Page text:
Giving and receiving feedback is a key skill for children to learn.
In most classrooms, however, feedback is a one-way street. Students receive grades from teachers, but are much less likely to give feedback on their own learning experience.
As Director of Education and a teacher in our Upper Elementary program this year, I know that the regular feedback we get from students is crucial to helping me craft a bespoke education for each of them.
A recent Edudemic article reminds us:
The feedback students give teachers can be much more powerful than the feedback teachers give students.
We want students to feel comfortable giving feedback about their weekly playlist activities, as well as higher-level feedback about their educational journey. This helps me understand whether their learning activities are engaging and at the right level of challenge. It is also rewarding to see a student's sense of self-awareness and reflection grow throughout the year.
Here’s what I've learned lately from feedback given to me from some of my students:
A Growing Artistic Passion: “What I learned at AltSchool is art. Back at my other schools, I didn't feel like an Artist. Now I feel like one.”
This student enjoys daily access to various artistic mediums through which she can express her ideas. She is deeply engaged when we study works of art in class and on field trips. Through study and self expression, she is discovering an area of passion and can see her own strengths in a new light.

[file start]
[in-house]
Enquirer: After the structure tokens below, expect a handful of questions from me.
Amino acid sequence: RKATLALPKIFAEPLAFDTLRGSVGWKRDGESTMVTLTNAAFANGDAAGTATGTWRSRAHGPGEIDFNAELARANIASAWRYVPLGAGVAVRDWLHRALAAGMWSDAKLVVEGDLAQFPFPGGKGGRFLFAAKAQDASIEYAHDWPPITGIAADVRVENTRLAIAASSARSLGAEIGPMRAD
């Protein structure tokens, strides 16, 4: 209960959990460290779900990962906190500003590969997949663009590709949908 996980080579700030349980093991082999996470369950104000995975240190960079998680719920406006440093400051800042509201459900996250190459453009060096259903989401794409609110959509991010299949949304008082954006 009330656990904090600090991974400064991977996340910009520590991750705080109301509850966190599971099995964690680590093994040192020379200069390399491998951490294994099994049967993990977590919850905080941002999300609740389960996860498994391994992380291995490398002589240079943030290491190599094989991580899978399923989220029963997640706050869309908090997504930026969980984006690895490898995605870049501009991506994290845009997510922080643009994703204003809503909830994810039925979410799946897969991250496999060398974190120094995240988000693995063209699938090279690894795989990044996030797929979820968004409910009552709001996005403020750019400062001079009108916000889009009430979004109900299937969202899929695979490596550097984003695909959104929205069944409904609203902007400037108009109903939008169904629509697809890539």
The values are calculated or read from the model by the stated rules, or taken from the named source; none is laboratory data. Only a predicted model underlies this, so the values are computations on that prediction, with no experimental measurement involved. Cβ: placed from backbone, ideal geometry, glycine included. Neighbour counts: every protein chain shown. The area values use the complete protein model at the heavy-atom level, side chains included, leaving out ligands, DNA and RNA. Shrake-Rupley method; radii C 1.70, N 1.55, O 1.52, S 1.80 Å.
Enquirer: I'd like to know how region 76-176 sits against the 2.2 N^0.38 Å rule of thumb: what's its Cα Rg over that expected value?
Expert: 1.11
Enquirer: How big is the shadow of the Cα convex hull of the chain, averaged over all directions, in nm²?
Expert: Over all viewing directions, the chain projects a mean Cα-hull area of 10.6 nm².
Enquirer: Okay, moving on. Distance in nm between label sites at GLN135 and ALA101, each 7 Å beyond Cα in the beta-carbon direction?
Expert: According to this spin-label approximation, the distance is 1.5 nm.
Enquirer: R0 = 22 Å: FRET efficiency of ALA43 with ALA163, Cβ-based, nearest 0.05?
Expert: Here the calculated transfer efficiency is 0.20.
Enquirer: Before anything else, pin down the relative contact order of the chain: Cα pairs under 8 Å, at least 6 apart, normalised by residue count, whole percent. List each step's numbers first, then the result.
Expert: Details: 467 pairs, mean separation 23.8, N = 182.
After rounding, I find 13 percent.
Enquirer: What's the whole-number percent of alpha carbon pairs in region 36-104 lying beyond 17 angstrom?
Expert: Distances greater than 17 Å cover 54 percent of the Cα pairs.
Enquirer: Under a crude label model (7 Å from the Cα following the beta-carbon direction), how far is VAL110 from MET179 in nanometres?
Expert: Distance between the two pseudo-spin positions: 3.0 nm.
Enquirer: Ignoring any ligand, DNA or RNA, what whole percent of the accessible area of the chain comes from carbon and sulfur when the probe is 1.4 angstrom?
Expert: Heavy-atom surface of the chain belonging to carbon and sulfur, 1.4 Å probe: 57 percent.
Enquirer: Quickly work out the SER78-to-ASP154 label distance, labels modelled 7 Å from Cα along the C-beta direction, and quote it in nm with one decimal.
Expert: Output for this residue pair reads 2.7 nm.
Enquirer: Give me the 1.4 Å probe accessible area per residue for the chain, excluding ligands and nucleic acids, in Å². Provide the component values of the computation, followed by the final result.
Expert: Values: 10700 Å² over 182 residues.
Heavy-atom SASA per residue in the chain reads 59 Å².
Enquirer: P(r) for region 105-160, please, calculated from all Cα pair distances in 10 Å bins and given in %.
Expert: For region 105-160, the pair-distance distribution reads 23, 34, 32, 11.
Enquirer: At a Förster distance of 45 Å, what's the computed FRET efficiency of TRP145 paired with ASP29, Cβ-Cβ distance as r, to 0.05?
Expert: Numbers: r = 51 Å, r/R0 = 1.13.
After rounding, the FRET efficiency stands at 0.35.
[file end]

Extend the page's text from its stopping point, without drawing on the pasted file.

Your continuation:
An Exciting Challenge in Math: “I like doing math because it's challenging. I try not to give up.”
Finding precisely the right level of difficulty for a student can be a delicate balance. This student has been tackling work well above grade level, but is in the sweet spot where he is feeling challenged. He is also taking pride in his ability to persist.
A New Sense of Self-Regulation: “I am learning to get things done without someone telling me to do them all the time.”
When students drive their own learning, it is more meaningful to them. Sometimes they take detours, but when they find their own way they acquire more than a new skill or factoid. They develop grit. I am impressed by the multiple dimensions of this student’s growth and am working with him to include time management goals in his Personalized Learning Plan.
Increasing Optimism: “Math is hard for me, but by the end of the year I think I will be able to do long division problems with ease.”
This student is not only getting stronger at math, he is developing an understanding of his learning profile. As he manages his time and devises strategies for problem solving, his confidence grows in an area that historically has been a struggle. Mastering long division this year is a goal he set for himself and I’m excited to help him achieve it and track his progress.
What’s important about this process is that students recognize that feedback is not about saying the “right” things or seeking praise. Feedback is important information about how students are doing in reaching their learning goals. This feedback is equally valuable to share with their teachers as it is to share with themselves.
Through regular feedback, students acquire one of the most important skills of all - to be in the driving seat of their own learning.
(Photo credit: An AltSchool student collage of "Things I Enjoy Learning")